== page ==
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Kay: 'We Were Almost All Wrong'

Former top U.S. weapons inspector David Kay told members of the Senate Wednesday that the failure to turn up weapons of mass destruction in Iraq exposed weaknesses in America's intelligence-gathering apparatus.

"We've had a number of surprises," Kay told reporters after meeting behind closed doors with the Senate Intelligence Committee. "It's quite clear we need capabilities that we do not have with regard to intelligence."

Later, he told the Senate Armed Services Committee that "we were almost all wrong — and I certainly include myself here," in believing that Iraq had weapons of mass destruction.

But Kay denied suggestions by Democrats that intelligence analysts felt pressured by the administration to shape intelligence to help President George W.Bush make the case for war. He said he spoke to many analysts who prepared the intelligence and "not in a single case was the explanation that I was pressured to this."

Kay also said despite no evidence of weapons stockpiles, Iraqi documents, physical evidence and interviews with Iraqi scientists revealed that Iraq was engaged in weapons programs prohibited by U.N. resolutions.

Senators have been anxious to speak to Kay, one of a number of U.S. officials who have recently adjusted their positions on Saddam Hussein's military capabilities. The Bush administration cited a threat from such weapons as a principle justification for invading Iraq and toppling Saddam last year.

As special adviser to CIA Director George Tenet, Kay was chosen last year as the Iraq Survey Group leader in part because he was convinced weapons would be found. "My suspicions are that we'll find in the chemical and biological areas, in fact, I think there may be some surprises coming rather quickly in that area," he said on CNN television in June.

Kay resigned Friday, saying he was stepping down because resources were being shifted away from the search.

Before taking the nation to war, President Bush had no doubt that Iraq had weapons of mass destruction, reports CBS News White House Correspondent Mark Knoller, and in many a speech, he said if Iraq would not disarm, the U.S. would lead a coalition that will disarm Iraq.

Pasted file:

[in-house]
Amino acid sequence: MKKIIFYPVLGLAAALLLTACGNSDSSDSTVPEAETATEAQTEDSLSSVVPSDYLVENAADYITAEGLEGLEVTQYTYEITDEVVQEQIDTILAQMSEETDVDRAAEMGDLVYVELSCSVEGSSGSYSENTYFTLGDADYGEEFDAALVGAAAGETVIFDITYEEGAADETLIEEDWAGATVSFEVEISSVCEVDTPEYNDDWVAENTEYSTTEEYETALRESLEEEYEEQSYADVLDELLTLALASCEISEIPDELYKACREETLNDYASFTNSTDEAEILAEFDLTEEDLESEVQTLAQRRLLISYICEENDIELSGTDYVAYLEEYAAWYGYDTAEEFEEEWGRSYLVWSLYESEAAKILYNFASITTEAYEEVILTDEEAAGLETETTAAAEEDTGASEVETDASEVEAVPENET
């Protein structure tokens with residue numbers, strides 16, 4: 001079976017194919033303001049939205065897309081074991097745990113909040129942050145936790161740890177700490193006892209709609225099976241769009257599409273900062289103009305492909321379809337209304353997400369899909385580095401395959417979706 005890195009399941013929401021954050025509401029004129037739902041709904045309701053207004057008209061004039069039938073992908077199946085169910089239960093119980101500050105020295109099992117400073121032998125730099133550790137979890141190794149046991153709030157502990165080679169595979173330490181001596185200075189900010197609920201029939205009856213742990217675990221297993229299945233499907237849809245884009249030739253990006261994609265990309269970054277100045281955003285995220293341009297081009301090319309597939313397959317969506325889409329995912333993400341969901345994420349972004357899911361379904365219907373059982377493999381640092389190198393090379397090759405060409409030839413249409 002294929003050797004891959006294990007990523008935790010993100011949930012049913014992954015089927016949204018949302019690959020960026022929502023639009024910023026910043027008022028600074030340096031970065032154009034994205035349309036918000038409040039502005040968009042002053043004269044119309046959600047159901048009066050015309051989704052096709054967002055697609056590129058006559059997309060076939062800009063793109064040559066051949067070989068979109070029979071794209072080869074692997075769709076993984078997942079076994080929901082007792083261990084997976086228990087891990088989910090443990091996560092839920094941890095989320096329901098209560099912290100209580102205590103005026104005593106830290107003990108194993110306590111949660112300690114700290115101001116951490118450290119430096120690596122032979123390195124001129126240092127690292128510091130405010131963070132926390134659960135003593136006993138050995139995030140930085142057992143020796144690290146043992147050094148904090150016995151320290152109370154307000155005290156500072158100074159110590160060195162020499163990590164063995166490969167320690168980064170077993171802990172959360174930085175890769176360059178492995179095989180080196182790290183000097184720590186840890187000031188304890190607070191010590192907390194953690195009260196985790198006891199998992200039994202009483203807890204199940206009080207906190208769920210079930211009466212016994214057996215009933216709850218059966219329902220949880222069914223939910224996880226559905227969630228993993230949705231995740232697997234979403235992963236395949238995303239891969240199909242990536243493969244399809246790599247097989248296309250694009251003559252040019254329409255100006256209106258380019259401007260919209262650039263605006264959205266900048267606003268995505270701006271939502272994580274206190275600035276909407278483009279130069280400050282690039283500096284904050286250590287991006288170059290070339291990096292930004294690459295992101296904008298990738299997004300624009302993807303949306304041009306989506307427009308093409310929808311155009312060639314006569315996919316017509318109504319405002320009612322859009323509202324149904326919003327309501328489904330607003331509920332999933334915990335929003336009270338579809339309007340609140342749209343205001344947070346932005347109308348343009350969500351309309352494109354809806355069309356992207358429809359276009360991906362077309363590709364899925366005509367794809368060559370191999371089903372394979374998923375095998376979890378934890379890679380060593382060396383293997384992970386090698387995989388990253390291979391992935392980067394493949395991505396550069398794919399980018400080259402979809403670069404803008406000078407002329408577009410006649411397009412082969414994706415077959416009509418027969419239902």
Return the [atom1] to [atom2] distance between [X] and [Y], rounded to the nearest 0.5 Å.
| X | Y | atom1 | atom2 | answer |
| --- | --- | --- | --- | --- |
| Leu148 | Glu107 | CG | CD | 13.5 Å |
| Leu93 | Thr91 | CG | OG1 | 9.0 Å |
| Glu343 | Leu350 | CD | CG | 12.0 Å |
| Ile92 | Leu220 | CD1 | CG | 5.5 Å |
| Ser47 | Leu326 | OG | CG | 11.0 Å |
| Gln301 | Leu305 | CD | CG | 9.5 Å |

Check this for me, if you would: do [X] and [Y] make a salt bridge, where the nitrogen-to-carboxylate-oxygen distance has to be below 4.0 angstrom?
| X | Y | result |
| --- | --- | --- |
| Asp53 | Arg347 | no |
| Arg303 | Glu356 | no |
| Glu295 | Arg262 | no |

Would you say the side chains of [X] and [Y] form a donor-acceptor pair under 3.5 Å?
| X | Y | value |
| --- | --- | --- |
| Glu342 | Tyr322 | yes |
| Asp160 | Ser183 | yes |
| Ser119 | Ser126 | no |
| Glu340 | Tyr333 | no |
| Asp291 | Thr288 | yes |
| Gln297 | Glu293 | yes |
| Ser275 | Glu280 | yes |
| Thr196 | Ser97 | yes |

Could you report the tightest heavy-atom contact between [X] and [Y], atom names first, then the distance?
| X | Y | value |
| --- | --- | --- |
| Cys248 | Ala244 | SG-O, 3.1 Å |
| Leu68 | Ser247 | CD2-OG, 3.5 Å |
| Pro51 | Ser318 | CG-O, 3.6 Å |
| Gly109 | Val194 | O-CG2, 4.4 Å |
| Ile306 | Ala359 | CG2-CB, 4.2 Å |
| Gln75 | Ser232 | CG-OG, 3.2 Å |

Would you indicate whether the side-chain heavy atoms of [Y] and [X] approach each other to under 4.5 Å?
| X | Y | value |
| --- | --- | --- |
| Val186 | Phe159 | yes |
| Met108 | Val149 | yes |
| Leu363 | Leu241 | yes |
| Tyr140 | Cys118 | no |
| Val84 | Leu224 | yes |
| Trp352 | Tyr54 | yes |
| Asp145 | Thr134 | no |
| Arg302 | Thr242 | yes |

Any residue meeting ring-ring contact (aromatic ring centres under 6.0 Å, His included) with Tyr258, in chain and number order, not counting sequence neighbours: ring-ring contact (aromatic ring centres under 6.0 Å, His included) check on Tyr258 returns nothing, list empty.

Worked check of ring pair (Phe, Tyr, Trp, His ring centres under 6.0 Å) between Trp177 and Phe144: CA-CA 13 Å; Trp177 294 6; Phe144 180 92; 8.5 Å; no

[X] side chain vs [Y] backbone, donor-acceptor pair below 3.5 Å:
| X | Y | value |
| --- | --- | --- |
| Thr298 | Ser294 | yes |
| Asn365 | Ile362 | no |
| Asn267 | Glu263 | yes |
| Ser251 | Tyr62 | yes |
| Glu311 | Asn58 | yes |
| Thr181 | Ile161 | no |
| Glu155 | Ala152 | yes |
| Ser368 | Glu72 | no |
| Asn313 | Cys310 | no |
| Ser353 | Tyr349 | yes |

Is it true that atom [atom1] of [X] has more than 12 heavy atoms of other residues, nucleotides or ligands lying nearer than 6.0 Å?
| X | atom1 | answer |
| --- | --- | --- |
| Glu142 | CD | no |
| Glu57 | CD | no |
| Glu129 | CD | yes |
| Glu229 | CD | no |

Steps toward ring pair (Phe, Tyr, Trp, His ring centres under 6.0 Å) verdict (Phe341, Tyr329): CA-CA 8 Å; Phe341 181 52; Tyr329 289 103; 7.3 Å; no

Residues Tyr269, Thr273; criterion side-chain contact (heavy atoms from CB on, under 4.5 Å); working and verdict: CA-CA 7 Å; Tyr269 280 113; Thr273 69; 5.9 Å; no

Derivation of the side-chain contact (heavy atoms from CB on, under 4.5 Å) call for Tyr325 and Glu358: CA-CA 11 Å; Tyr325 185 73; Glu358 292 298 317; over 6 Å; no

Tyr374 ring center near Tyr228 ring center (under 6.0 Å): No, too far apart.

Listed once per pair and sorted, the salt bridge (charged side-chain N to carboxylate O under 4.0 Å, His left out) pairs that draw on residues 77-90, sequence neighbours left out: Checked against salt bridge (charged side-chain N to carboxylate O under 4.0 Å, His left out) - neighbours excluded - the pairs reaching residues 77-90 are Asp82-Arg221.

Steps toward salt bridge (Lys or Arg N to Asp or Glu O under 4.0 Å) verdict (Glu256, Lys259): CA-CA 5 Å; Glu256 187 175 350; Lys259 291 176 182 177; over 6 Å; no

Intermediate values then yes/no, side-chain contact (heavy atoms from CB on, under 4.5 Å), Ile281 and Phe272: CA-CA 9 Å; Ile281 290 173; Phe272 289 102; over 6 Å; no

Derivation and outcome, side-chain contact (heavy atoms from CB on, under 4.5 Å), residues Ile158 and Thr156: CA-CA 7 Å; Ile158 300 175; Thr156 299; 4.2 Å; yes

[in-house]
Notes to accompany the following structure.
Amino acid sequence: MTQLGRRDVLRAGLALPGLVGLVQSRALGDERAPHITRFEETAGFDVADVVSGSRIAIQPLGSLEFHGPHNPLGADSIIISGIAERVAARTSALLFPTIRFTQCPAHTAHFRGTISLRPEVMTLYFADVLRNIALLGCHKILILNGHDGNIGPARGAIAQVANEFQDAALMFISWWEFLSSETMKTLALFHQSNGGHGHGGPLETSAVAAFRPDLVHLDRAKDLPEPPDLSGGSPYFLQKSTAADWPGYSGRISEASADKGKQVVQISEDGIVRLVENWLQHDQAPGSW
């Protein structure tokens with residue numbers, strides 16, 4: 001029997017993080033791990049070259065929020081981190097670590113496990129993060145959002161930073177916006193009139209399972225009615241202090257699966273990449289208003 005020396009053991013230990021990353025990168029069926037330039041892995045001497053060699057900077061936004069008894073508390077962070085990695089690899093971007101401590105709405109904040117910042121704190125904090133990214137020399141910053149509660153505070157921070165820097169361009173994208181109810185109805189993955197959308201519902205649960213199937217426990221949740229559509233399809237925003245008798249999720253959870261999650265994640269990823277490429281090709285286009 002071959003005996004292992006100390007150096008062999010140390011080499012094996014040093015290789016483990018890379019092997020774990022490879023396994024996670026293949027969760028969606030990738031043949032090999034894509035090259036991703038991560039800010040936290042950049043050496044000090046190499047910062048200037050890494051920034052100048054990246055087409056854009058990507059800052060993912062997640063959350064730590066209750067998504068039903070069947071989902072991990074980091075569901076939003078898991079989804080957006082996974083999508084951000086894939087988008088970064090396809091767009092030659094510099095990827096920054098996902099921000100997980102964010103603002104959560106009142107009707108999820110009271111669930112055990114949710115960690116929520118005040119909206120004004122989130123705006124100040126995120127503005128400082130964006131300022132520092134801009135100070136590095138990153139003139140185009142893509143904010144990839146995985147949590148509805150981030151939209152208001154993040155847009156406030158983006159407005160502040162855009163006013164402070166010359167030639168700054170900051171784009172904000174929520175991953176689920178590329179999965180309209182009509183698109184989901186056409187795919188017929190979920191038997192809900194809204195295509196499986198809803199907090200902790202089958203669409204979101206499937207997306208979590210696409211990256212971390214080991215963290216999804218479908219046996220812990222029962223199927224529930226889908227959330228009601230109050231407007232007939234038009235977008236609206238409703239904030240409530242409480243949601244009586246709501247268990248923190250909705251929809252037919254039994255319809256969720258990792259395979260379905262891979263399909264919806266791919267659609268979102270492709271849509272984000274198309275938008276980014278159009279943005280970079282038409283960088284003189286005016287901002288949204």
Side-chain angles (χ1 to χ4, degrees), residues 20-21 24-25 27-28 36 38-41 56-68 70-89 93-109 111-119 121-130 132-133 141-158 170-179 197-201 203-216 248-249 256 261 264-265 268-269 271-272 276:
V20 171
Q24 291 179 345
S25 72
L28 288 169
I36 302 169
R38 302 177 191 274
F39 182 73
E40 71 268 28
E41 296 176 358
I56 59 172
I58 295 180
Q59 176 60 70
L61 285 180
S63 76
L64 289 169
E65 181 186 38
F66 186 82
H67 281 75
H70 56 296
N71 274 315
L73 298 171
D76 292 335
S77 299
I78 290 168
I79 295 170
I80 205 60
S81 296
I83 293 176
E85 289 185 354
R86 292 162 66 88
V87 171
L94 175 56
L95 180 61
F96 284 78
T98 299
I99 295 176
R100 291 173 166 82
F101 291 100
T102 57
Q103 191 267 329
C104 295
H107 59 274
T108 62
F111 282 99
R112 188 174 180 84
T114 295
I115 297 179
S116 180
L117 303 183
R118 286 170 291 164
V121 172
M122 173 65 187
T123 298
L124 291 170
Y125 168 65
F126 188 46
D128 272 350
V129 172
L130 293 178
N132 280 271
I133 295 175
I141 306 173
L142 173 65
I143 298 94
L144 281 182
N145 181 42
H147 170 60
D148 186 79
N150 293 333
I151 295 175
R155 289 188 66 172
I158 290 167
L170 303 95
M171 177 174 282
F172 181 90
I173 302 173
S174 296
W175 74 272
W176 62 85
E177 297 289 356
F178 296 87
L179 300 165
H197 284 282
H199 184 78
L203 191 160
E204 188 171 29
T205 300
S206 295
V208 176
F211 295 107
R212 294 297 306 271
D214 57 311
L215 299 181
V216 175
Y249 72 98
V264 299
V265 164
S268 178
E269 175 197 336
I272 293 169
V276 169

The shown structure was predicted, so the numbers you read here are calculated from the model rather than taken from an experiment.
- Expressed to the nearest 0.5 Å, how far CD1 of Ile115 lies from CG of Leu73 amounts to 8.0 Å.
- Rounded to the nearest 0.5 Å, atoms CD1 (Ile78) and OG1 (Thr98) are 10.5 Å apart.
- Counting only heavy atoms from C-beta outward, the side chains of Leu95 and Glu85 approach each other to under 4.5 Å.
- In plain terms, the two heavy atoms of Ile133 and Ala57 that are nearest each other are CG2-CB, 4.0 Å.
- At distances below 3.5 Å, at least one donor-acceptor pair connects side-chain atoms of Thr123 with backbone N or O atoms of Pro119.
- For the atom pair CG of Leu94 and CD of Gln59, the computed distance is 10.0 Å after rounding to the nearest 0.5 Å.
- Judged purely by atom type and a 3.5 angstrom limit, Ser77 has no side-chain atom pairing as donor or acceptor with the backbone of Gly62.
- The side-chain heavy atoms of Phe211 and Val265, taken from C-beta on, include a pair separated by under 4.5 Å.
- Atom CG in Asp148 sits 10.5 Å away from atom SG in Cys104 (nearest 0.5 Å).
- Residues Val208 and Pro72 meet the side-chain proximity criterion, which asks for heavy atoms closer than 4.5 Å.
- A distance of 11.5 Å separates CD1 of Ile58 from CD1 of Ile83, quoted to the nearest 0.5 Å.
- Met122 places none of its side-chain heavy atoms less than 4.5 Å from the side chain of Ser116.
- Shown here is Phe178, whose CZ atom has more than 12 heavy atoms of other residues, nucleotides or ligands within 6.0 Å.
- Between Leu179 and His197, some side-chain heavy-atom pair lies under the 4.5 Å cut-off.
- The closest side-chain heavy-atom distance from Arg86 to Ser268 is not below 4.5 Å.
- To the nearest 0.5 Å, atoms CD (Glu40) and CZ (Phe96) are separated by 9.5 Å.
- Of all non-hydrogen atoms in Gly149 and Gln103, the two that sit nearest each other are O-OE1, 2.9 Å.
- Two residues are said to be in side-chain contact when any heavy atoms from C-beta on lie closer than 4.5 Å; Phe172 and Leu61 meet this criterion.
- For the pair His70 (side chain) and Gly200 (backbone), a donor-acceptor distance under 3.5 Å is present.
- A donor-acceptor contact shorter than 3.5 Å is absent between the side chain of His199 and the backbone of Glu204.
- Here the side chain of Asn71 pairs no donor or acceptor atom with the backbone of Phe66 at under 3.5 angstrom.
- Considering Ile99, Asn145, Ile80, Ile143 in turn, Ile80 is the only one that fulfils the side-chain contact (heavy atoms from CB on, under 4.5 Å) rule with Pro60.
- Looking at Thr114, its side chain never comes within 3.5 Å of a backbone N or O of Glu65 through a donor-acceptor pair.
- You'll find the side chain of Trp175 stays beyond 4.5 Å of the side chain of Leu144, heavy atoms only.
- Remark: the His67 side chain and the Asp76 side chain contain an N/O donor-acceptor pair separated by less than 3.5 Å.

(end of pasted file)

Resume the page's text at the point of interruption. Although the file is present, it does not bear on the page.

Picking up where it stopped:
In last year's State of the Union, Mr. Bush called Saddam a "dictator who is assembling the world's most dangerous weapons."

In the State of the Union this month, President Bush spoke of Saddam's programs, rather than weapons: "Had we failed to act, the dictator's weapons of mass destruction programs would continue to this day. "

When asked Tuesday by reporters about Kay's assertions, Mr. Bush didn't say that the banned weapons would eventually be discovered: "We know from years of intelligence — not only our own intelligence services, but other intelligence gathering organizations — that he had weapons — after all, he used them."

Senate Armed Services Committee Chairman John Warner, R-Va., called the hearing of his panel Wednesday to receive Kay's views directly, even though Kay no longer has an official government position.

Before sitting down with Warner's committee, Kay told reporters he believes the work of the Iraq survey group must continue.

Sen. Jay Rockefeller said: "Tis a quandary. We're at war and people are dying every day. We went to war on the presumption that we were going to be attacked very soon if we didn't do something and the reign of terror would come from weapons of mass destruction. I'm still in search of those weapons of mass destruction."

Senate Intelligence Committee Chairman Pat Roberts said his committee has finished a draft report on its inquiry into the prewar intelligence and plans to get it to members next week.

He said it appears the problem is with some intelligence agencies and not the policy-makers. "Anyone who believes otherwise has not done their homework and certainly was not listening to Dr. Kay," he said.

Sen. Trent Lott said there's no question that the intelligence information the U.S. received was not all accurate.

"I still have a fundamental question that nobody has quite answered yet," Lott said. "We know he had biological and chemical weapons in the early 1990s. What happened to them? Did they move to another country? Were they destroyed? There are indications that maybe some of them have been eliminated."

A U.S. official, speaking on condition of anonymity, said Tuesday that it's premature to speculate about "why we were wrong," and rejected Kay's statement that the work in Iraq is 85 percent done.

"Even if we are 85 percent done, what could you have in that 15 percent of information?" the U.S. official said. "The amount of chemical and biological agent that would be required is extremely small in terms of physical footprint. It could be easily hidden."

While inspectors have been unable to unearth weapons of mass destruction, they have found new evidence that Saddam's regime quietly destroyed some stockpiles of biological and chemical weapons in the mid-1990s, Kay told The Washington Post in an interview in Tuesday editions.

Kay said the evidence consisted of contemporaneous documents and confirmations from interviews with Iraqis and indicated Saddam did make efforts to disarm well before Bush began making the case for war.

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